Although he had two of a three-year contract remaining, George’s career arrived at the crossroads as first team opportunities were limited as only two foreign players were permitted to be named in a squad.
He had offers to remain in France but decided to take a gamble and re-join Linfield on loan.
“I had a good season with the Blues and won another league title,” added George. “That was the year Tony Coly and Sam Khammal joined the club. They were two really good players.
“At the end of the season, I had a few options. Bordeaux had just signed Clive Allen. That’s the calibre of players they were in the market for, so I didn’t consider returning.
“But there was an option from Scotland. Dunfermline had just been promoted to the Premier League and they offered me terms. It made sense, getting full-time football. I originally went there on a one-year loan basis. Our objective to was to stay in the division. The move was then made permanent and I signed a three-year contract.
“I played with David Moyes, while there were a few Northern Ireland accents about . . . Jimmy Nicholl, Norman Kelly and Pat McAllister. But I sustained a few bad injuries. I ruptured my achilles tendon, which kept me out for 10 months. Then, it transpired that I had to have another operation to shave part of my ankle bone. I was out for almost another season. At least I was fit in my last year at Dunfermline, in which I scored 20 goals.”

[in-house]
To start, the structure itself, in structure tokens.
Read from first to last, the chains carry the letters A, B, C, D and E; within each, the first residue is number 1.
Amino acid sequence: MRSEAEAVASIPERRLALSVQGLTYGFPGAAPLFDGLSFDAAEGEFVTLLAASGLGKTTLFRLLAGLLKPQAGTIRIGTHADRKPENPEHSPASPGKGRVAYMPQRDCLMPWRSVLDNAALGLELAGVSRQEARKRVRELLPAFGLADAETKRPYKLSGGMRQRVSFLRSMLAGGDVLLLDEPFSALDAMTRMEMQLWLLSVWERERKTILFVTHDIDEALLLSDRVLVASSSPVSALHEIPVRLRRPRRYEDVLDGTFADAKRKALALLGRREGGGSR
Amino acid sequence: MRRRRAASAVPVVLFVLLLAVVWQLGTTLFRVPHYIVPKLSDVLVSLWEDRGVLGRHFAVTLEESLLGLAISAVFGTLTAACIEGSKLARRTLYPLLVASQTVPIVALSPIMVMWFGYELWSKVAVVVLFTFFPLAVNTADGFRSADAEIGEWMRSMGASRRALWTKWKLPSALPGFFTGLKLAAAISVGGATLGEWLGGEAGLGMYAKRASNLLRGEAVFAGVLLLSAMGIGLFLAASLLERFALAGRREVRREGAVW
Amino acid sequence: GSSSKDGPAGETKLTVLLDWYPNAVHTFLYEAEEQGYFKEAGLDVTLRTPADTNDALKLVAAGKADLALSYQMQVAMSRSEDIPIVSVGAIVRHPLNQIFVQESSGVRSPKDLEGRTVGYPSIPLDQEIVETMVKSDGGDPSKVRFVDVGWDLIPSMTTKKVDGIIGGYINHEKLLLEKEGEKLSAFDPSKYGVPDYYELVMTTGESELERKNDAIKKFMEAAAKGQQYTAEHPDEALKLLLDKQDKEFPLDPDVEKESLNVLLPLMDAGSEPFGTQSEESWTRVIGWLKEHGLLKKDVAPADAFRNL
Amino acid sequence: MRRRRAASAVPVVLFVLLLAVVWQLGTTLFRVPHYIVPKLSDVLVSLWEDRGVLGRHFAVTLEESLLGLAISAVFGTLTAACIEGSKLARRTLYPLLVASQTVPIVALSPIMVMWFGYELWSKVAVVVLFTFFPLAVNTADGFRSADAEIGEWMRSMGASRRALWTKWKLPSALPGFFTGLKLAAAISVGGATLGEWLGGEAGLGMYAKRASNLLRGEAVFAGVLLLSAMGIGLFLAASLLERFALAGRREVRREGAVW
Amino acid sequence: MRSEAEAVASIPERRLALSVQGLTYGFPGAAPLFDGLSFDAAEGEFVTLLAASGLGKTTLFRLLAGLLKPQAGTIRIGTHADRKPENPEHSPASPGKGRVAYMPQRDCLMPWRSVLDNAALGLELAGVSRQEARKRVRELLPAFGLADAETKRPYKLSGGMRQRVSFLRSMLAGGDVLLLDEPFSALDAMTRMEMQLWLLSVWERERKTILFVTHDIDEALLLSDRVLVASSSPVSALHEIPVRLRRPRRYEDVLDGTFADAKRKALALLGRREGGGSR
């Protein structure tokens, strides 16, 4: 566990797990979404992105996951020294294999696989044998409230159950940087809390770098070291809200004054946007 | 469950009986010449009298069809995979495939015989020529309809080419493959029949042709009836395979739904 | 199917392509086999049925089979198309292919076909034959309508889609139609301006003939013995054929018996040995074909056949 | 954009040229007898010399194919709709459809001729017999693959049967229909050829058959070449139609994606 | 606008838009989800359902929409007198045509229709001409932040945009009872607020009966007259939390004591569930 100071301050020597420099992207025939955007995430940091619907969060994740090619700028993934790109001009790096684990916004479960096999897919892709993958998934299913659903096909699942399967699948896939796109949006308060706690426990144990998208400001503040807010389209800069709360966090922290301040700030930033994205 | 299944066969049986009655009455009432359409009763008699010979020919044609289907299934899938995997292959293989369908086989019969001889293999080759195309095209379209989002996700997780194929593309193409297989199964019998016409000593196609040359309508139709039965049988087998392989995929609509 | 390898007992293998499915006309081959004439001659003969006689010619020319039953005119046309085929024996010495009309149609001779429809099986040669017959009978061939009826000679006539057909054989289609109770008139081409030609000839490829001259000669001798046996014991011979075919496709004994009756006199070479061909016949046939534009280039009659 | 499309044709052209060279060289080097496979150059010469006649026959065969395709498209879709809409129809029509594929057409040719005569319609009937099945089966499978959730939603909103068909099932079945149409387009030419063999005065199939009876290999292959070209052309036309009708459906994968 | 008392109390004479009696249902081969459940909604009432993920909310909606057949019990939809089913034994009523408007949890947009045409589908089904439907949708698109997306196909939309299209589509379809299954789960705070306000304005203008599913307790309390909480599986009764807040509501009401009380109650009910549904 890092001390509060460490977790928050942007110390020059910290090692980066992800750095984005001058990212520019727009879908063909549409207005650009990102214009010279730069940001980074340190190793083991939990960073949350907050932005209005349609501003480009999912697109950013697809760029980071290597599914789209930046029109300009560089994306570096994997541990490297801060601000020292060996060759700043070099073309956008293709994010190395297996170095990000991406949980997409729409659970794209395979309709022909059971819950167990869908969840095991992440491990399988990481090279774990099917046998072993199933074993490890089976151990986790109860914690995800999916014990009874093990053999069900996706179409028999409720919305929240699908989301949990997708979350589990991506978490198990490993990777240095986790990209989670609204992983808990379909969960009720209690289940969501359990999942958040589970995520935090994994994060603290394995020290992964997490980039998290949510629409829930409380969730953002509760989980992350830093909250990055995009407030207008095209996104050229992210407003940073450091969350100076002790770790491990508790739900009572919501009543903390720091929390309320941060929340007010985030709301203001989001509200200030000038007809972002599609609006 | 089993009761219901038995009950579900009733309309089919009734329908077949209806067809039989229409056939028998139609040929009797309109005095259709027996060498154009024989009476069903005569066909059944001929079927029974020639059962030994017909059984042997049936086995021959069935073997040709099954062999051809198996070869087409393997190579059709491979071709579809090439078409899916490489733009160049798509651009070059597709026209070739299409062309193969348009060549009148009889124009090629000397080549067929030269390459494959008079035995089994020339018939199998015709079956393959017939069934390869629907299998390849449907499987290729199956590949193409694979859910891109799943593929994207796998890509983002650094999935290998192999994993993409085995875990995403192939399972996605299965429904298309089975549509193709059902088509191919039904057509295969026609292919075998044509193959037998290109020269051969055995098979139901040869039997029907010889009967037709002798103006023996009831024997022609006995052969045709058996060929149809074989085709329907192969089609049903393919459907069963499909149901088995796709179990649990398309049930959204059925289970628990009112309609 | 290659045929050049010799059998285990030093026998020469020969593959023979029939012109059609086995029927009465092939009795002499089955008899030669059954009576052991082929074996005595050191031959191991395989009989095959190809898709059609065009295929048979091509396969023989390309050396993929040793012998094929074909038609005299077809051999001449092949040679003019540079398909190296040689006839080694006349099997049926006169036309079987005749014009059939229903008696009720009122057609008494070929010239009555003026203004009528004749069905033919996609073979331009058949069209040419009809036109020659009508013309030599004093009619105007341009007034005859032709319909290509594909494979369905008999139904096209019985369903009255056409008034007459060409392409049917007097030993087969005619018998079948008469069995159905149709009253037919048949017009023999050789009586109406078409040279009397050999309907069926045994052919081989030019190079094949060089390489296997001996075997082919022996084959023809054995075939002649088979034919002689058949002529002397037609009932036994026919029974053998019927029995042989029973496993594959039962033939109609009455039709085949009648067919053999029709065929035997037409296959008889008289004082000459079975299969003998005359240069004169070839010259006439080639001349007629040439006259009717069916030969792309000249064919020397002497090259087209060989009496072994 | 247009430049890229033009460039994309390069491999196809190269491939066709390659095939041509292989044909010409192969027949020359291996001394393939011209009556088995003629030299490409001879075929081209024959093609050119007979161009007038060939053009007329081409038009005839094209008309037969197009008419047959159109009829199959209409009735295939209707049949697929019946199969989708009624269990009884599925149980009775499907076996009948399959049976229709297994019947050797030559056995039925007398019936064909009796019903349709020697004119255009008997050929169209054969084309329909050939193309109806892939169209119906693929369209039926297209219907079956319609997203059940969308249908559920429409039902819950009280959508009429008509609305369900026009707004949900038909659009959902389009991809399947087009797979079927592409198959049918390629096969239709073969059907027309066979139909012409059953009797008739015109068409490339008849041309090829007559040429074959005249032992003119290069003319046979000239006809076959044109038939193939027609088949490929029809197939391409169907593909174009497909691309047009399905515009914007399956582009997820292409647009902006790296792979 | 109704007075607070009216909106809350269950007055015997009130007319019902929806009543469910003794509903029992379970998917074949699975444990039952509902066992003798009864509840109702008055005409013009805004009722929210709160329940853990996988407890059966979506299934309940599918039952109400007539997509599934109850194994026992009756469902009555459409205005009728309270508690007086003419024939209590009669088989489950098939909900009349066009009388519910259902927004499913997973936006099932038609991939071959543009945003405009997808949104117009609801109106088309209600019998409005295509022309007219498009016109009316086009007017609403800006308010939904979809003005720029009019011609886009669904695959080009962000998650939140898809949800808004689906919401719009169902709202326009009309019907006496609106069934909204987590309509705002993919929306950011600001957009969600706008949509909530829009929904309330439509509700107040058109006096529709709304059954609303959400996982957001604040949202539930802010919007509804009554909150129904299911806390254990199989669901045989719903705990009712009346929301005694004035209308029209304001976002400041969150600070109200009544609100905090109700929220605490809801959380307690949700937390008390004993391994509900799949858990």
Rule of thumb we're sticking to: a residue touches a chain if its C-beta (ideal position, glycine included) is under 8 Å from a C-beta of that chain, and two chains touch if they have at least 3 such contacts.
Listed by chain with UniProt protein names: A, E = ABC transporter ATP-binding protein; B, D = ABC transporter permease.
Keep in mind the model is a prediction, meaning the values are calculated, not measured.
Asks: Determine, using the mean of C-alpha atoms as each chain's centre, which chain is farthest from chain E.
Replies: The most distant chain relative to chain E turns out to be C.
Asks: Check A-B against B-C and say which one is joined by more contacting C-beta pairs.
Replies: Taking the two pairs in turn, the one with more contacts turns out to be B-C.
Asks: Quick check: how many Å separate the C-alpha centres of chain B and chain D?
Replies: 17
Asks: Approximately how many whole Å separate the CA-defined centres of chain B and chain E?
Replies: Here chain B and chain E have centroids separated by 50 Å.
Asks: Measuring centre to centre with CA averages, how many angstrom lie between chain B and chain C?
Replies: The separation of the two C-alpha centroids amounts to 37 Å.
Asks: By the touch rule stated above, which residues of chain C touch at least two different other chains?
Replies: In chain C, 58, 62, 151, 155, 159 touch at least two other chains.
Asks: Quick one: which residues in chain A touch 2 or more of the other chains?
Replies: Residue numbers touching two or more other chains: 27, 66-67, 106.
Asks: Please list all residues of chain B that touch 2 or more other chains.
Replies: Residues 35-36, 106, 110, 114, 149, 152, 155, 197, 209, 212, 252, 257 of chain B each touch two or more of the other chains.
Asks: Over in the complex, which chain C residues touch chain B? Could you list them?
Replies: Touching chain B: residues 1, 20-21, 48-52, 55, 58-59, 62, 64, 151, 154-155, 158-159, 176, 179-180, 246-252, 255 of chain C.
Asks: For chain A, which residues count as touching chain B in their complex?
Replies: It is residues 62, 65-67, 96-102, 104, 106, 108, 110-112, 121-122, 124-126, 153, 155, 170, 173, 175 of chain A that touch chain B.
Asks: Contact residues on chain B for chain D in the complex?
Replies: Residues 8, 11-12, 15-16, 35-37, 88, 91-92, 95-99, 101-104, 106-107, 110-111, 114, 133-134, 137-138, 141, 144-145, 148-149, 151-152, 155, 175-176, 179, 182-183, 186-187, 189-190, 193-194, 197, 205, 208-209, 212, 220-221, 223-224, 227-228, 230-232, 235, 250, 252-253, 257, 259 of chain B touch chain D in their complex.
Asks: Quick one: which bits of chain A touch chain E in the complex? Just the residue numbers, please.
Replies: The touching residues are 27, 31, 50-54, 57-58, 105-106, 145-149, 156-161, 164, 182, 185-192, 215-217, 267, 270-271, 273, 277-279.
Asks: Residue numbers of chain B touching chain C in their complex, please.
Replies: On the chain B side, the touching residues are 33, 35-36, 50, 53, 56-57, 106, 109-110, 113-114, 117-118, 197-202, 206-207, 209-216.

After five years, George moved on to St Johnstone, who had Paul Sturrock in charge. “He sold the club to me. I learned a lot from him. He was the manager who got the best out of me.
“It took us took us two years to get out of the Championship, but that was my best spell in terms of goal scoring. I won the Championship player of the year. In our first two years, we finished sixth and fourth.”
However, injury struck again. George once more ruptured a cruciate ligament, while he required two operations on a groin problem. He was fortunate to play again.